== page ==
3-) Once the contract is signed by all parties and activated the property is considered as sold'. This protects the buyer from the owner, as the owner, after signing the Contract, cannot re-negotiate the price or sell to another bidder. The owner is also protected as the buyer has agreed to the methods of payment, and will forfeit any monies already paid if the contract is not adhered to.
4-) For some property purchases, it is advisable for a secondary sales contract to be drawn-up at the Public Notary Office. This contract becomes legally binding in the Turkish courts. A Turkish Public Notary is a Government appointed solicitor and the Public Notary, unlike the buyer's solicitor, does not act on the buyer's behalf.
4-)After the contract(s) is(are) signed and the deposit paid, the process of applying for Military clearance can begin. This usually takes 2 - 4 weeks and the TAPU cannot be transferred to a foreign purchaser before clearance is received.
Registration of property and owners
There are a number of ways in which a property and its owner should be registered and DSP carries out these registrations for new property owners:
1. Register with the Tax Office to receive a Turkish Tax Number
2. Have the transfer of Title (TAPU) registered in the Title Deed Registry Office
3. Register the new owner with the Municipality establishing a Council Tax record.
4. Register utilities, Electric, Water, Telephone in the buyer's name.
5. Register the property and owner with the local police.
6. Register the owner and their address with the local representative from the Council (known as the Muhtar') this is most important for those who choose to live in Turkey permanently.
DSP do not advise declaring a lower price on the deeds of the property, as has been a common practice here in Turkey, for many years as a tax dodge'. DSP recommend that home owners declare their full sales price on their deeds valuation, unless the new buyer particularly wants to declare a lower value.
It is strongly recommended that for all payments during the buying process and for future expenses property purchasers open a Turkish Bank Account.
Although not exhaustive the following clauses should be considered for inclusion when drawing up a Contract between the buyer, seller, agent and professional representation:
1. A detailed description of the property including address, TAPU details, technical conditions etc.
2. The actual price to be paid to the seller for the property. Mentioning the actual price allows you to secure your rights in case of a future legal dispute.
3. The details of the Bank Account of the seller, it should be a single account into which payments to the seller are to be made. Do not pay an agent or third party. Always pay the vendor. An exception to this may be where a deposit or reservation fee is paid for an 'unseen' property and the buyer rapport has been wholely with their solicitor and estate agent. In this case, the solicitor will advise where payment should be sent.
4. The details of the Bank Account of the professionals used, if payment is to be made via bank transfer.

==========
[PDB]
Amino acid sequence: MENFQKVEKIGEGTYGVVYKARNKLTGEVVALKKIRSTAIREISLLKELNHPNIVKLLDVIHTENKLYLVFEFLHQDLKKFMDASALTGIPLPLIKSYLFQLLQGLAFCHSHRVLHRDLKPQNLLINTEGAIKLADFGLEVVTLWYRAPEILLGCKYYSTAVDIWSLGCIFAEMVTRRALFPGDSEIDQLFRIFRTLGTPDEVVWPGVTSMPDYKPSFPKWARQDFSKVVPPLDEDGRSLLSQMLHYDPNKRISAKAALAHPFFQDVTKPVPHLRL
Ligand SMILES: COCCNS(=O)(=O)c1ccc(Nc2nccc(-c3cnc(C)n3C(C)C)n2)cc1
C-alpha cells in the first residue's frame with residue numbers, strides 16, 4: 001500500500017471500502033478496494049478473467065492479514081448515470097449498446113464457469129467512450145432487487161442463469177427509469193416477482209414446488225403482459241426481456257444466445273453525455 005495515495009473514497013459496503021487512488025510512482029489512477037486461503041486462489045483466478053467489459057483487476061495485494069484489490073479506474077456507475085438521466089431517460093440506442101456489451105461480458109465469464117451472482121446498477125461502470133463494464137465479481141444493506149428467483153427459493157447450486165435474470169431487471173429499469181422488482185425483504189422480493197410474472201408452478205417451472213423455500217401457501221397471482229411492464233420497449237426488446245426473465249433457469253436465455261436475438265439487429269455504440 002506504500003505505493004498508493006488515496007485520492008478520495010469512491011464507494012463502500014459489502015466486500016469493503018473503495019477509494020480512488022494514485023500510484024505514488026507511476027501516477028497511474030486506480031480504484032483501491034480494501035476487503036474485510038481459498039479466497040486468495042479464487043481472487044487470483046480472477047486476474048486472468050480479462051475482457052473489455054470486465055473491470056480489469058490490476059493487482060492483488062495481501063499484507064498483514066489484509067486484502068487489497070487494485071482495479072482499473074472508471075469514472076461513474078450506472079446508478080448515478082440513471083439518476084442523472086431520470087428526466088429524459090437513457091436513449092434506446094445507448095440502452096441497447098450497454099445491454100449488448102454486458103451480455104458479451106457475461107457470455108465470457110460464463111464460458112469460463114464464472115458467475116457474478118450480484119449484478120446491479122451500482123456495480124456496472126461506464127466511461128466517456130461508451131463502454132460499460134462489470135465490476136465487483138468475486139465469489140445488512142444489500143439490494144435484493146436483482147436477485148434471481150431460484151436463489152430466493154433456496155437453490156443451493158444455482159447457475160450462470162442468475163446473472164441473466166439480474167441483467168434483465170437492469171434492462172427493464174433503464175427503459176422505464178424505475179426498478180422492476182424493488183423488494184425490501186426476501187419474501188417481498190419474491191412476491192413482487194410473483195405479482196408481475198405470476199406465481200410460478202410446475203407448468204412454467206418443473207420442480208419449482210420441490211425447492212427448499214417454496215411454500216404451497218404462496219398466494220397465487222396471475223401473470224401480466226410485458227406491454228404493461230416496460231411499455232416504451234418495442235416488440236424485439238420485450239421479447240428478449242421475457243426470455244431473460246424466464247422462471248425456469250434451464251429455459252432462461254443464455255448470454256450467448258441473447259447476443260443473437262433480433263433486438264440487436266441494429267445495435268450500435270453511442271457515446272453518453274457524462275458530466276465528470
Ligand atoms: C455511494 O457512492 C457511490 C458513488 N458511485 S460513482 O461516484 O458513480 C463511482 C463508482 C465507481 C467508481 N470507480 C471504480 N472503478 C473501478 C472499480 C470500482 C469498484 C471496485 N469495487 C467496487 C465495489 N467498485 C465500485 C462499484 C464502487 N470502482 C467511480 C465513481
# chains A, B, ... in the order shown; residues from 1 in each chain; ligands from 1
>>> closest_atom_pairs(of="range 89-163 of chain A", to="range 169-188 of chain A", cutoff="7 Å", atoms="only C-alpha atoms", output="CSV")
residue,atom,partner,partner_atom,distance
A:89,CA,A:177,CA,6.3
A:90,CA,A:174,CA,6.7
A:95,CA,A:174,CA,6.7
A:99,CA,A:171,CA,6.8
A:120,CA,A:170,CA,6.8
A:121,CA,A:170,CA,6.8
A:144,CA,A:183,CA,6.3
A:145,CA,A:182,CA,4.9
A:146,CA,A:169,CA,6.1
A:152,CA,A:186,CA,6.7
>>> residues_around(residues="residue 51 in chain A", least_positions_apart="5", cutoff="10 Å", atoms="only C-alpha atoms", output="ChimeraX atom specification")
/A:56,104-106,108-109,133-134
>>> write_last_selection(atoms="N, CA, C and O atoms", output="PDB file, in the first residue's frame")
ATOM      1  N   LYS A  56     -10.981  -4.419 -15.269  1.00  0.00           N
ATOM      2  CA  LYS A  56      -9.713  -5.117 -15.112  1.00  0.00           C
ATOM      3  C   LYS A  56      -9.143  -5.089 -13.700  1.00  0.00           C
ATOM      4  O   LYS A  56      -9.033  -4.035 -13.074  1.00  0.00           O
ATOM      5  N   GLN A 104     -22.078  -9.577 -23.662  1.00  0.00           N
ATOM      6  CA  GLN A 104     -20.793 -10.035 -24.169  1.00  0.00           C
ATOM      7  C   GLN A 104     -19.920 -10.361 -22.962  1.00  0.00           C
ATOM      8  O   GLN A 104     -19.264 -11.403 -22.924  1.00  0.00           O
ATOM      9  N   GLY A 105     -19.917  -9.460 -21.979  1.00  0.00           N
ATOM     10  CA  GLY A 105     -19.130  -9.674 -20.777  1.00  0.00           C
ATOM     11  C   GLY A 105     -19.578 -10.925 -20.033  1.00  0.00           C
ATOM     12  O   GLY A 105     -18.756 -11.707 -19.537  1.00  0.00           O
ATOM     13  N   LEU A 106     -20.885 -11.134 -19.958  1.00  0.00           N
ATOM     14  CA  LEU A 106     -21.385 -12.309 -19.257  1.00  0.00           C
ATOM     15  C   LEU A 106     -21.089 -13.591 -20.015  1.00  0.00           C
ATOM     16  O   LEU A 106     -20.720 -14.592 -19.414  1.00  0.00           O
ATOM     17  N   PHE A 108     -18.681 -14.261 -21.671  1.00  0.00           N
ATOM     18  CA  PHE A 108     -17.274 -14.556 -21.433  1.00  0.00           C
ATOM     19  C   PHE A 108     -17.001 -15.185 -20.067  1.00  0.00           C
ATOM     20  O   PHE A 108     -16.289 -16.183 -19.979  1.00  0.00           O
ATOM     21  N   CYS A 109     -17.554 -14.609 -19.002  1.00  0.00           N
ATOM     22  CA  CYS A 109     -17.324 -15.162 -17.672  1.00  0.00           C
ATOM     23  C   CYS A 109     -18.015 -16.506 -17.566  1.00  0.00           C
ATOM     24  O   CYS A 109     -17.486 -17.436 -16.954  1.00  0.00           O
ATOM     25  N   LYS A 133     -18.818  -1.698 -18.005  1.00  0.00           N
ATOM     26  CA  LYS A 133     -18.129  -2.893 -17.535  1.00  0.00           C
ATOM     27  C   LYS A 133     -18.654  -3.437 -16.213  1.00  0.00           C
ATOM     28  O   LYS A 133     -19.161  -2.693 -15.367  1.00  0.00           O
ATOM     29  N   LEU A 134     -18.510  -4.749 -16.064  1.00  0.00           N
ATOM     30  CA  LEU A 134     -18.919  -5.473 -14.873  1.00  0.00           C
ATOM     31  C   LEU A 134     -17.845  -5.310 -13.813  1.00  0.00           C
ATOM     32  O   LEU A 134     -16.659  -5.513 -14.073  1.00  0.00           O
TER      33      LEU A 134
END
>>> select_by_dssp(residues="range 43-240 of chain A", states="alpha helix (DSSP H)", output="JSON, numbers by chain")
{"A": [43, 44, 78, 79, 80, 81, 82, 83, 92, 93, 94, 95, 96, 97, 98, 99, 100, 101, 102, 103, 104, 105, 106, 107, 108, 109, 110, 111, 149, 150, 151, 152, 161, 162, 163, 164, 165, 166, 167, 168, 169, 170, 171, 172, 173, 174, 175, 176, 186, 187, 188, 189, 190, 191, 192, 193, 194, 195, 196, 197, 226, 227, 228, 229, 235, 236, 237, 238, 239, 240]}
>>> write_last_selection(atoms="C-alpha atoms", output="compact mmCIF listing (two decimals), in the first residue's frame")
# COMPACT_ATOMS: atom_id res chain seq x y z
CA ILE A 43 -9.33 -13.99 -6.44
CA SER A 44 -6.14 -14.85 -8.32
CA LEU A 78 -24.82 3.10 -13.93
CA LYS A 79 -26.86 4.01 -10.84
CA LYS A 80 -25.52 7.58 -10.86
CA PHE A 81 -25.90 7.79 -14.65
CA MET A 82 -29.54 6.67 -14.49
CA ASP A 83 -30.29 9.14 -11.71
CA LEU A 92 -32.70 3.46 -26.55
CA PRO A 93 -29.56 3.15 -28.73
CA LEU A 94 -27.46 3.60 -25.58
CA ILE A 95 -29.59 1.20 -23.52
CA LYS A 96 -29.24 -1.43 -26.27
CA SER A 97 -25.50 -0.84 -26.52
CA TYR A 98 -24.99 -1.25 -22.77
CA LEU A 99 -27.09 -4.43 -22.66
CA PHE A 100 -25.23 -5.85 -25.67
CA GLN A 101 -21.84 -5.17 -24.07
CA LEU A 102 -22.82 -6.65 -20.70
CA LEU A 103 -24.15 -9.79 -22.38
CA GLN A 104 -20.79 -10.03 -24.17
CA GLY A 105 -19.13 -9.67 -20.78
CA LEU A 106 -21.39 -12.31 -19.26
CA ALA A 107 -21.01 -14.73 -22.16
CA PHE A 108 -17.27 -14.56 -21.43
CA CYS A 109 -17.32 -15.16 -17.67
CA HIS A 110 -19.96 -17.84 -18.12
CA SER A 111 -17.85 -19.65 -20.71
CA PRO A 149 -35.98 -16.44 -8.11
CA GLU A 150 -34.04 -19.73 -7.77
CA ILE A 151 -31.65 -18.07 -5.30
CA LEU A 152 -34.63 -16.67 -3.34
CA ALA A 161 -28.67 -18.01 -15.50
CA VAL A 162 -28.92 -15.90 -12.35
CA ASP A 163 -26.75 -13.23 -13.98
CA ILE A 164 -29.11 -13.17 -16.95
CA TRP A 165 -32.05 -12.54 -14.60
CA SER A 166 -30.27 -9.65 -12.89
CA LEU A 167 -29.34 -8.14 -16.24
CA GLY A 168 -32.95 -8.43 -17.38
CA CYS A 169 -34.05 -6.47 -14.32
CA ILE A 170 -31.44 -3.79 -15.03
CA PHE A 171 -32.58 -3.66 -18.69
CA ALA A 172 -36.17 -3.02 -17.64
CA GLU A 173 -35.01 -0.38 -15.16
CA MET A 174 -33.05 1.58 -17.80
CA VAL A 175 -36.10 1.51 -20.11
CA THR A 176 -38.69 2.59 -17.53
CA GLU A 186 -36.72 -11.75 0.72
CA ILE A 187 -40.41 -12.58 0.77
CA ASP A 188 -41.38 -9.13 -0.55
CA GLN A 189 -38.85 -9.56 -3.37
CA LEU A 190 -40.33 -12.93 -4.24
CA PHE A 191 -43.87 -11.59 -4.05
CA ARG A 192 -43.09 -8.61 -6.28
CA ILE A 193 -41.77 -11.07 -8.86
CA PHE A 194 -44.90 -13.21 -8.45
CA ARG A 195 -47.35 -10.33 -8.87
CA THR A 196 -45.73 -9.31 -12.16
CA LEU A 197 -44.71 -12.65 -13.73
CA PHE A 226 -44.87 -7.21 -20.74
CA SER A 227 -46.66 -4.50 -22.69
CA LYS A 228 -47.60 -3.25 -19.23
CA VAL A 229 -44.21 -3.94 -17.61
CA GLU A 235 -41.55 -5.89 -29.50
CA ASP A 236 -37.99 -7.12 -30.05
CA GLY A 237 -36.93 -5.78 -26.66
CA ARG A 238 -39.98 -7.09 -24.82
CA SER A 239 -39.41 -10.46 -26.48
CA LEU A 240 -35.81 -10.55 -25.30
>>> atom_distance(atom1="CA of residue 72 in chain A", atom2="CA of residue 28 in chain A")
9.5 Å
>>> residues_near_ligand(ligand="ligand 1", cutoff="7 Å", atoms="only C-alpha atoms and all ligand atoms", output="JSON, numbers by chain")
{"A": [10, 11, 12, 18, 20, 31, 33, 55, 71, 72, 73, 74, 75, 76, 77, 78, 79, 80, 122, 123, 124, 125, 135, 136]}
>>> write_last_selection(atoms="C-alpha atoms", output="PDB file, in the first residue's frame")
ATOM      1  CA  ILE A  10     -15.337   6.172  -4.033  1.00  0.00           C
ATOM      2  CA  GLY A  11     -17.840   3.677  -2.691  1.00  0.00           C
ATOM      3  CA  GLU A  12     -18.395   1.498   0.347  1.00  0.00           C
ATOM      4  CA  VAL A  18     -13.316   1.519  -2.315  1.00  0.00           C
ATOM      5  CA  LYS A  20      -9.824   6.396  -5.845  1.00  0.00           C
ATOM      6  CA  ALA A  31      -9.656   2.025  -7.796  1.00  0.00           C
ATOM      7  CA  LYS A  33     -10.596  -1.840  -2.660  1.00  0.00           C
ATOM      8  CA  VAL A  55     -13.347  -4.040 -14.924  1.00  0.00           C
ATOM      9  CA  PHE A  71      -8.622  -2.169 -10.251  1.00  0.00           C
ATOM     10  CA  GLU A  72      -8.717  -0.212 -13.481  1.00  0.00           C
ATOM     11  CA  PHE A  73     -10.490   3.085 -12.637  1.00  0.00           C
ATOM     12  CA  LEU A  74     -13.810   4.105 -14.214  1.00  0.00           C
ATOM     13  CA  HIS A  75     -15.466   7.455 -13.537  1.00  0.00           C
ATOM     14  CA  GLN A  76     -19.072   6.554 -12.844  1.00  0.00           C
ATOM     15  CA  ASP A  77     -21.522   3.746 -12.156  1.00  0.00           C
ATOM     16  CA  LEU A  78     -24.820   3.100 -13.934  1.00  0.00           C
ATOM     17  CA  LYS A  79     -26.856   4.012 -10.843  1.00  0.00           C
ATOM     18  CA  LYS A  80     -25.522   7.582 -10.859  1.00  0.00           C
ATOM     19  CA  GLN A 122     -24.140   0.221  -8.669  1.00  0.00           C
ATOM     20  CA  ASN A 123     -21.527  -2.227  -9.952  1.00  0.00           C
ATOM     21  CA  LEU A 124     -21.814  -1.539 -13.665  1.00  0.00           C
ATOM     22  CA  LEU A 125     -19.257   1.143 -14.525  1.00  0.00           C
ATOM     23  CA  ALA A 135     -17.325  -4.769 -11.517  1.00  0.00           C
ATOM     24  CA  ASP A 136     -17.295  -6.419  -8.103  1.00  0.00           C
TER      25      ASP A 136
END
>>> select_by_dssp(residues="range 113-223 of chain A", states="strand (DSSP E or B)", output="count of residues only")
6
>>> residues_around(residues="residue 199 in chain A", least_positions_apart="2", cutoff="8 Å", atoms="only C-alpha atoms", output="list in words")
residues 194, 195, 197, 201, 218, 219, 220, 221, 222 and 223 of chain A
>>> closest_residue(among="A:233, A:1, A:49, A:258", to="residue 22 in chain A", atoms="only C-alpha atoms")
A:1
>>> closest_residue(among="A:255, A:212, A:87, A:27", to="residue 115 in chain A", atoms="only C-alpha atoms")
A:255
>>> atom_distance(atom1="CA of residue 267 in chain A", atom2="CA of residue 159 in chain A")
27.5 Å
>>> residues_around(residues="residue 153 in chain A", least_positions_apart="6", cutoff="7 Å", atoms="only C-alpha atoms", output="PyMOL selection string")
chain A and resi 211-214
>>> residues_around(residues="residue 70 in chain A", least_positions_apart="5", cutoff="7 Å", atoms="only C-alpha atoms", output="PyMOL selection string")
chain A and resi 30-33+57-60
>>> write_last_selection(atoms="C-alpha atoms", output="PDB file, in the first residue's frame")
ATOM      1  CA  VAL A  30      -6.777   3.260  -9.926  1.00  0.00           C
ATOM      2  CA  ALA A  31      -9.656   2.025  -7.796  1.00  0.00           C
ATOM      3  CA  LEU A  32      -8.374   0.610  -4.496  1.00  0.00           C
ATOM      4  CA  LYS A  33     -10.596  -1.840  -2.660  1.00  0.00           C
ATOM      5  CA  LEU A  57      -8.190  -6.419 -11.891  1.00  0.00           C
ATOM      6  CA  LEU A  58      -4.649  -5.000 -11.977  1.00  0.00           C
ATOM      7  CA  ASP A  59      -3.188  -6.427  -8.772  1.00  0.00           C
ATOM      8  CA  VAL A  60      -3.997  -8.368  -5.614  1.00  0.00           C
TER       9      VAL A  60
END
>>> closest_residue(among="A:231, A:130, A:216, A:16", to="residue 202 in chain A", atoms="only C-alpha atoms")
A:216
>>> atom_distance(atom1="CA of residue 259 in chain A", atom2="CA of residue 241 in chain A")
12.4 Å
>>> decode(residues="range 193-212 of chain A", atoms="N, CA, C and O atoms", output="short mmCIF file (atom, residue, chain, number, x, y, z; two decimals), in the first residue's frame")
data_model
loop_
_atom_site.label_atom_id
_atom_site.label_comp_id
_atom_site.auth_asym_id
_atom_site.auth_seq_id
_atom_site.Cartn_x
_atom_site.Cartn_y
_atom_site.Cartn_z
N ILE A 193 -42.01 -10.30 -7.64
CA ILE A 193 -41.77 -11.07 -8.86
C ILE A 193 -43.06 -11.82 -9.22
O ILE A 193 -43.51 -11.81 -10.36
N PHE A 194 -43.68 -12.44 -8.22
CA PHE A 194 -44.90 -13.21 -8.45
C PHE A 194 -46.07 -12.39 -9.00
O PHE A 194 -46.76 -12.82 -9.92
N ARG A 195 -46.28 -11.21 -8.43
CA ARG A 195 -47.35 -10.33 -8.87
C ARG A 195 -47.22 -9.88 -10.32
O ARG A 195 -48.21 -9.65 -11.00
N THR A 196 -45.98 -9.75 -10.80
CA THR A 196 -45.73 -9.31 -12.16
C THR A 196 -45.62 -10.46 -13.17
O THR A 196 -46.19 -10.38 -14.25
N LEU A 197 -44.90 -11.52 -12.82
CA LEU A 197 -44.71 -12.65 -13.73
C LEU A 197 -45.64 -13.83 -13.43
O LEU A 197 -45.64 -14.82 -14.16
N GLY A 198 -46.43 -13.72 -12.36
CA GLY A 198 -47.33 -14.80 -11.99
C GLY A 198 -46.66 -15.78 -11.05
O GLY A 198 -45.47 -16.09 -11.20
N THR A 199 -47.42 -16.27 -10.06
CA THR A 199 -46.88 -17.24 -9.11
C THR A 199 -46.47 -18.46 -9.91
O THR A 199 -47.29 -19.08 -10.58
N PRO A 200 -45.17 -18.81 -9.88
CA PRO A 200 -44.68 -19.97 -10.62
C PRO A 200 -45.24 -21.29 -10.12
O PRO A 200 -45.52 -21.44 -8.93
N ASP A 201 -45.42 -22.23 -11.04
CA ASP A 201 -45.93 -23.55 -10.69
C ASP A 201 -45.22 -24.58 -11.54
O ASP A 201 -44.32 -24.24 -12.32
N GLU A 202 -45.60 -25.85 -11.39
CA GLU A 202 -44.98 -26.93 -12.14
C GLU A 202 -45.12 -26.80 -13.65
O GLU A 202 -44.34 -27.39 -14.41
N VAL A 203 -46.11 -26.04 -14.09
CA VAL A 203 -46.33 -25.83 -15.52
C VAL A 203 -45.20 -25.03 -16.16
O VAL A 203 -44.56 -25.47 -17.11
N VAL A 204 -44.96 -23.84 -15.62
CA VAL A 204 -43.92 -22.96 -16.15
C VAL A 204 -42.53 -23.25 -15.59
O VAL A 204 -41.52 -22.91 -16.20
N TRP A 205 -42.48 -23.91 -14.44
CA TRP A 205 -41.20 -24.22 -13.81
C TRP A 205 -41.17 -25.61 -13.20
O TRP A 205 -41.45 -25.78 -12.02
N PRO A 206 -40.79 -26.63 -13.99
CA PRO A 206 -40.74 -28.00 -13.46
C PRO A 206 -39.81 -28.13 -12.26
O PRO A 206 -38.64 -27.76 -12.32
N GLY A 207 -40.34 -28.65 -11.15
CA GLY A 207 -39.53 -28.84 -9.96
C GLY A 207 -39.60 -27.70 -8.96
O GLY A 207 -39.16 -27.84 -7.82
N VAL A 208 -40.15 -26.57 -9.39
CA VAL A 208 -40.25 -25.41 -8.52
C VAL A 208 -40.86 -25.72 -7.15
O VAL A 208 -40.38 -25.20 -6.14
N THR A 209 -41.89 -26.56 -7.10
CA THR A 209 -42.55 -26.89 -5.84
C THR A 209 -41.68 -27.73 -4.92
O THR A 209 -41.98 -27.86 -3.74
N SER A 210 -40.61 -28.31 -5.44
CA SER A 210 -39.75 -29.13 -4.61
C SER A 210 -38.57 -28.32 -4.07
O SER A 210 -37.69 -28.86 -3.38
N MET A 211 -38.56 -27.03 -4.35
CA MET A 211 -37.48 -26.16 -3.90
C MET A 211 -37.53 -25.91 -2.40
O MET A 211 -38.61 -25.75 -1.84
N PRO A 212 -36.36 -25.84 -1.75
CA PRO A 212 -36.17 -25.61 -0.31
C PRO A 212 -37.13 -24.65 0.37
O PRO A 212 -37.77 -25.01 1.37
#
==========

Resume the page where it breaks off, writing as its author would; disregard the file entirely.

5. The Payment Terms and Conditions, payments to the seller - including deposit, interim, final payments and payments to an Agent or Solicitor ought to be separately identified.
6. A statement as to who / how the tax liabilities will be paid.
7. Under what conditions and how much money will be paid by the buyer to the seller and vice versa if the terms of the sales contract are broken.
8. Force majeure conditions, for example:- what if a legal obstacle occurs in the future.
9. Any additional works required on the property and who is responsible.
10. Statement of responsibility for the habitation licence if not already in place.
11. How over-due debts, if any, of the current owner, which will prevent the transfer of deeds, how they will be addressed.
12. How existing fixtures and fittings, if any, will be handled.
13. Whether parties can give up the sale/purchase, and if so, under what conditions and what, if any, penalties will be incurred.
14. How to keep all parties regularly informed of on-going transactions.
15. How a Power of Attorney, if any, will be cancelled or amended, how other parties will be kept informed of this.
16. Detailed permanent contact information of all signature holders, to include official identification of all parties.
17. If one of the parties breaches the promises contained in the Contract, who will decide under what conditions a breach was realized.
18. How disputes will be sorted out.
19. The rights and responsibilities of the persons whose signatures appear on the Contract..
20. All Identity Numbers of Turkish nationals (TC Kimlik Number) who are to sign the Contract, the Bar Registry Number of the Solicitor being used and the Trade Registry Number of the Real Estate Company must be recorded.
21. Before signing the Contract it is necessary to have it translated into the buyer's first language and Turkish in the presence of a Legal Translator.
22. It is essential that both foreign language and Turkish versions of the contract are signed in the presence of The Notary Public and are then duly notarized to ensure that:
a. The people who are signing the Contract and their signature's are genuine
b. The Contract is in line with current Turkish laws and officially acceptable anywhere in Turkey.
c. The terms within the contract are binding for all parties.